"Next time I'm going to take your pants off, spread your legs, get on my knees for you and blow you sitting right here in the back," he promises darkly, breathy, teeth catching at his lower lip when he lets himself imagine it.
Phil's hips stutter. His cock jerks in Clint's grip; he squeezes reflexively. Phil comes keening his name, pressing into his touch, sagging against the back of the seat. "Fuck," he says, hoarse, a little disbelieving. Clint is still rolling his hips like he’s about to die if he doesn’t come in the next second; to be honest, that’s exactly how he feels, his body on overload. Phil grabs at him, pulls him closer, and Clint comes panting in Phil’s mouth, moaning his name brokenly.
“I haven’t come in my pants since I was a teenager,” Phil says a moment later, nosing around Clint’s cheek, lips dragging along Clint’s jaw, his eyes still closed. When Clint pulls back, just enough to look at Phil, he sees the smile on his face, expression of complete bliss spread over his features, and Clint grins, framing Phil’s jaw with a hand.
“I must be that good.”
Clint almost asks Phil, about Pepper, about what happened, needing to know more, but it’s torture to even think about this look gone from Phil’s face, and the talk they have to have can wait until they’re both done thinking this might only be a dream. He wants to curl up into Phil’s arms as they sleep; he wants to look at every inch of tattoo and commit it to memory; he wants to fuck Phil and be fucked by him; he wants to wake up to Phil in the morning, check out his apartment, know the way he looks right after a shower, or relaxed on the couch, watching a movie. He wants everything, and it’s hard to even put a name on it.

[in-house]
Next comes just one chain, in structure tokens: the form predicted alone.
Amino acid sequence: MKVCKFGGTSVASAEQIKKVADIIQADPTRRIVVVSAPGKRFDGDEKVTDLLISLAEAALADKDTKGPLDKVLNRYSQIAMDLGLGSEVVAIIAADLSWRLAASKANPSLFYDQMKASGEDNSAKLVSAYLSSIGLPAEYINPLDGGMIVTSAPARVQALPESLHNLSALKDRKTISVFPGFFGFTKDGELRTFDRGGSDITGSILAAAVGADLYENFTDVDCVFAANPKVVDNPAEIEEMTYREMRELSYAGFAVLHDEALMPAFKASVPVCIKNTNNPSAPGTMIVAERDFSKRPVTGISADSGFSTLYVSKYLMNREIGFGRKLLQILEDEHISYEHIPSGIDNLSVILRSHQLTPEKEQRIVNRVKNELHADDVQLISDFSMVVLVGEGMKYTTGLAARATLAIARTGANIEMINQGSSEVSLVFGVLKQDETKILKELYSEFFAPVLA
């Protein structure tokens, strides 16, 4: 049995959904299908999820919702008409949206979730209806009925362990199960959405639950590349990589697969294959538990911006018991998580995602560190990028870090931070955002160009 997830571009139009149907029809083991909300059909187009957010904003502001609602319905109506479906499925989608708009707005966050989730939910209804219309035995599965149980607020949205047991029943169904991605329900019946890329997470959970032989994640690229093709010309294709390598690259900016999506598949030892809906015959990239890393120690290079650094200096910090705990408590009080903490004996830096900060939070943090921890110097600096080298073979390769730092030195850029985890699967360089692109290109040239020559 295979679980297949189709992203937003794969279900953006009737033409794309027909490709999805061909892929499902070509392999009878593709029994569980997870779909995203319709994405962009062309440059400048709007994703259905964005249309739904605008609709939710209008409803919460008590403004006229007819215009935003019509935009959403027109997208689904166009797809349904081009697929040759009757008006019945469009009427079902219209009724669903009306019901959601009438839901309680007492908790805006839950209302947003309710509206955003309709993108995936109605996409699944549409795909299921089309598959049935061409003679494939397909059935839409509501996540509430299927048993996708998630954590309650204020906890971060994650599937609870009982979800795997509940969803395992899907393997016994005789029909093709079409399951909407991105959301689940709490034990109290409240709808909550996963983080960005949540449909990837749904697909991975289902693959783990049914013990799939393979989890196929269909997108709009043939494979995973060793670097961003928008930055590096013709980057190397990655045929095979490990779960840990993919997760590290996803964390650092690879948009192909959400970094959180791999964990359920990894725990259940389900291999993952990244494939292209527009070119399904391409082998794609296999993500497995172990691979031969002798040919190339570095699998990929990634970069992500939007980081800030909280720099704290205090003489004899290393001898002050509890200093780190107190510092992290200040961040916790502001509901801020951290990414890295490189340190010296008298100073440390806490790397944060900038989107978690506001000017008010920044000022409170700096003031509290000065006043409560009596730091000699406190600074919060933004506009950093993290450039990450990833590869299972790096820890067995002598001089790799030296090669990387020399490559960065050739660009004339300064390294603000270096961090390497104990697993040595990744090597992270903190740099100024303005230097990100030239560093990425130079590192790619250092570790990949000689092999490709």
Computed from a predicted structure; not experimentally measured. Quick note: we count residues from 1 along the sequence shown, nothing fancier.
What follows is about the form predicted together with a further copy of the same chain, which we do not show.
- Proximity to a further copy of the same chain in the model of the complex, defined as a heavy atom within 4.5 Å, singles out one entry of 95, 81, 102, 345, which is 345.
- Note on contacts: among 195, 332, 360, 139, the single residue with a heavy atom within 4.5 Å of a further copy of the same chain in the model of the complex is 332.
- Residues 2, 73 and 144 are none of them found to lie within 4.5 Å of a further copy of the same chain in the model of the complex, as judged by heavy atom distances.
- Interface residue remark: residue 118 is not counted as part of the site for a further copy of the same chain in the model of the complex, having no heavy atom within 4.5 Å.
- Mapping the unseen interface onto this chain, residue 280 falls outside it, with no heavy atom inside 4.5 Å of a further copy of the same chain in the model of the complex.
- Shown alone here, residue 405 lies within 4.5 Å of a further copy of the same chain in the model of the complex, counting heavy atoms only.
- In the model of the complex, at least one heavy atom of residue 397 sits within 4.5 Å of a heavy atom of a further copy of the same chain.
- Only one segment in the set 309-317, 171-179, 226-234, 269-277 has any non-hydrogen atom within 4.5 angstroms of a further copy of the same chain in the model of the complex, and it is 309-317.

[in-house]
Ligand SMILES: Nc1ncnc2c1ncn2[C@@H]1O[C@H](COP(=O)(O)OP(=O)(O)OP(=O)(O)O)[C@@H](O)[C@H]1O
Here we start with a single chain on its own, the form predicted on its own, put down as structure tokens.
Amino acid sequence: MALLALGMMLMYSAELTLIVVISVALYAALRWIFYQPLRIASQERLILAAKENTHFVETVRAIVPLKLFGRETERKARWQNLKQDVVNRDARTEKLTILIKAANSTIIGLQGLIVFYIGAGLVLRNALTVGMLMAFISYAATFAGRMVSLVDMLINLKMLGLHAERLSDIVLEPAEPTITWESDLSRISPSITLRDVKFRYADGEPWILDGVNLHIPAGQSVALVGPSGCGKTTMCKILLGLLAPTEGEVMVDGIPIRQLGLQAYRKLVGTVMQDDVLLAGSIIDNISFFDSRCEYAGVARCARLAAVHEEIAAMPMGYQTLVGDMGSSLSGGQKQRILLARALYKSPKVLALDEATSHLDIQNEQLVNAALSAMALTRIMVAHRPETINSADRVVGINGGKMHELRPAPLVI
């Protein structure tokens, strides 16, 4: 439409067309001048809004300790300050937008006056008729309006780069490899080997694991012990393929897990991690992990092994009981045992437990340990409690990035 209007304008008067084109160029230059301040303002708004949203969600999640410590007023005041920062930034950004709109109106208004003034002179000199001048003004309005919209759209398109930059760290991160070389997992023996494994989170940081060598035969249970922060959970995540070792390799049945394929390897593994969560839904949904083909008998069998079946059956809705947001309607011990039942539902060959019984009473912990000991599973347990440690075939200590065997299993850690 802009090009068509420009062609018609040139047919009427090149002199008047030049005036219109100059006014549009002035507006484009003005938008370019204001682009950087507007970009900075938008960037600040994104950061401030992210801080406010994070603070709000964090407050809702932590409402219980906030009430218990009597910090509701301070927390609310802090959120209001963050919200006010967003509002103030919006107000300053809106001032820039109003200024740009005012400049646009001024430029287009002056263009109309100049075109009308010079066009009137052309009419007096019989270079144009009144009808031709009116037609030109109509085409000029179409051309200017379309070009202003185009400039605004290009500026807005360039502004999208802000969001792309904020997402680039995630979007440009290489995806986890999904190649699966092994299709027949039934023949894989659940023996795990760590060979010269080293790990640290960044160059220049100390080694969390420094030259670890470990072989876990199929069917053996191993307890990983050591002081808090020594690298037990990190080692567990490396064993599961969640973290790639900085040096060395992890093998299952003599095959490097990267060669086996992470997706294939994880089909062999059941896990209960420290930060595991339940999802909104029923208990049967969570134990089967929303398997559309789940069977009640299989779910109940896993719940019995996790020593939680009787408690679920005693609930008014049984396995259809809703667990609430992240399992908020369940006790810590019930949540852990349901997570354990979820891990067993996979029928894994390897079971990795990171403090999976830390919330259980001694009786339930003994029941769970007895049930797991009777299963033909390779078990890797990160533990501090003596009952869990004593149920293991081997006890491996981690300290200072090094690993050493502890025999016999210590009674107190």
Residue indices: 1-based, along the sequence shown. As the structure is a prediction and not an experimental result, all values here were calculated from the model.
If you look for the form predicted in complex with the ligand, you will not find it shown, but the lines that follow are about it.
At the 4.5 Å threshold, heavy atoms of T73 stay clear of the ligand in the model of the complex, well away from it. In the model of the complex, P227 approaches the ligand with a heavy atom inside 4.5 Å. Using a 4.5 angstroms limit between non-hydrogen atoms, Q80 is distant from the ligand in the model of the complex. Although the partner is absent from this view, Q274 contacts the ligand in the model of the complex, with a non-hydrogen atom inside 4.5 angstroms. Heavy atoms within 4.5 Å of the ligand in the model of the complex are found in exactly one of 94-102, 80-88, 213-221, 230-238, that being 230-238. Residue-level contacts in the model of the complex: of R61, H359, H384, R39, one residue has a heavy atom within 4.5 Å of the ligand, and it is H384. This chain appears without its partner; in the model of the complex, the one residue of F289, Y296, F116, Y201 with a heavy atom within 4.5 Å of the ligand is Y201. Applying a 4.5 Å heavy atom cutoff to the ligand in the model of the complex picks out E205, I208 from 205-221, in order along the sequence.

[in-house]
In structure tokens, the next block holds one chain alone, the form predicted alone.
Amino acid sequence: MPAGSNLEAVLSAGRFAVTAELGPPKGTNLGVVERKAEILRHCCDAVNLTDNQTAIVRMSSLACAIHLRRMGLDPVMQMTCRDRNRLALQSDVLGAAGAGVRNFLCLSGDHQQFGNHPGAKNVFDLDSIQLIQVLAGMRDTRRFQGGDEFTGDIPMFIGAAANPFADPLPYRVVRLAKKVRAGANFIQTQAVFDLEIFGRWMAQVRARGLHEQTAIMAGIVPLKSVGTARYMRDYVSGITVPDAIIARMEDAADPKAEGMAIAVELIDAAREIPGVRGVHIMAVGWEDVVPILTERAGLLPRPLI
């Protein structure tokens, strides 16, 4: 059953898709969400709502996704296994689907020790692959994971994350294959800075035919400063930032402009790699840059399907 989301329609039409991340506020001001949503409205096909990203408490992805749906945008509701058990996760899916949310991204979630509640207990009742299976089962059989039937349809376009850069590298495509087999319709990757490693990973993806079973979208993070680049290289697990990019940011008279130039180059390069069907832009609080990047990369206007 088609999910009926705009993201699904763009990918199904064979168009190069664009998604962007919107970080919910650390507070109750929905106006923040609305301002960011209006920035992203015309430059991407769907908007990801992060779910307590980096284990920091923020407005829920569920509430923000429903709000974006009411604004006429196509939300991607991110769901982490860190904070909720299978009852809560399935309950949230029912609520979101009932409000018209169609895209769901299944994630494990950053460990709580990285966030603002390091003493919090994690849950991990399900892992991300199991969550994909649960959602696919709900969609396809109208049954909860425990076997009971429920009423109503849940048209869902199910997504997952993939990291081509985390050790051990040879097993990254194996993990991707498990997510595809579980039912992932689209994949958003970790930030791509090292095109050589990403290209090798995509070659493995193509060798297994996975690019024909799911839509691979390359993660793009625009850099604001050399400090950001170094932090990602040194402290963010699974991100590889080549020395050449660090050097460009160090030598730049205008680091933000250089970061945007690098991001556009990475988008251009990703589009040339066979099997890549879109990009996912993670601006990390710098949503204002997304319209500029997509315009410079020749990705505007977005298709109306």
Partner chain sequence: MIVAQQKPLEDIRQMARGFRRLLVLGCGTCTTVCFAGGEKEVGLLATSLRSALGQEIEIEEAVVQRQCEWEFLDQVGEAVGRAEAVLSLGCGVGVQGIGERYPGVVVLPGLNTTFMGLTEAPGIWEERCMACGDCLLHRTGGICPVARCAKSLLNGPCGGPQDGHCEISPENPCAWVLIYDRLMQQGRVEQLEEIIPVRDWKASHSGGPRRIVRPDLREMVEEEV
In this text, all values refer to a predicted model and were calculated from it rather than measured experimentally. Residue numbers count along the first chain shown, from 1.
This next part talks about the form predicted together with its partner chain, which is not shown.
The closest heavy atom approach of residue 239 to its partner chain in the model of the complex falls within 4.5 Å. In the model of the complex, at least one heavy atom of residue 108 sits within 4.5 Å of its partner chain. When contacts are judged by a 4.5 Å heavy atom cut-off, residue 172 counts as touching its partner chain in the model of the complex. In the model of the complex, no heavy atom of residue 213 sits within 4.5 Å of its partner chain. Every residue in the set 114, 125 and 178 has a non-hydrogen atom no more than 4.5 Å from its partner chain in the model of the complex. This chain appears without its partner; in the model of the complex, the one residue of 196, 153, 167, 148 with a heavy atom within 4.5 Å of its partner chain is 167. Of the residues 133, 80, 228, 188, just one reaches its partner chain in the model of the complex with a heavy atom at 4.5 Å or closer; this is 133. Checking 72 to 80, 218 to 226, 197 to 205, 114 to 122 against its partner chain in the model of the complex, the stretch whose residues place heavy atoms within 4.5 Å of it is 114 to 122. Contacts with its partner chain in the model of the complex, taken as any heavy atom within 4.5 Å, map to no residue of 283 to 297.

“How about we go back to mine?” Clint asks, leaning close to press his nose under Phil’s jaw. Phil nods, dragging his hand along Clint’s spine damp with sweat, curling his hand around the back of Clint’s neck.
“Yes. Could get food on the way. Or I can cook you something.”
“Sounds like a plan.”
Talking can definitely wait.
"Are you sure this is a good idea?"
"For the tenth time, Phil, yes. Everyone gets on just fine with Tony, and Steve can be polite for the sake of the occasion."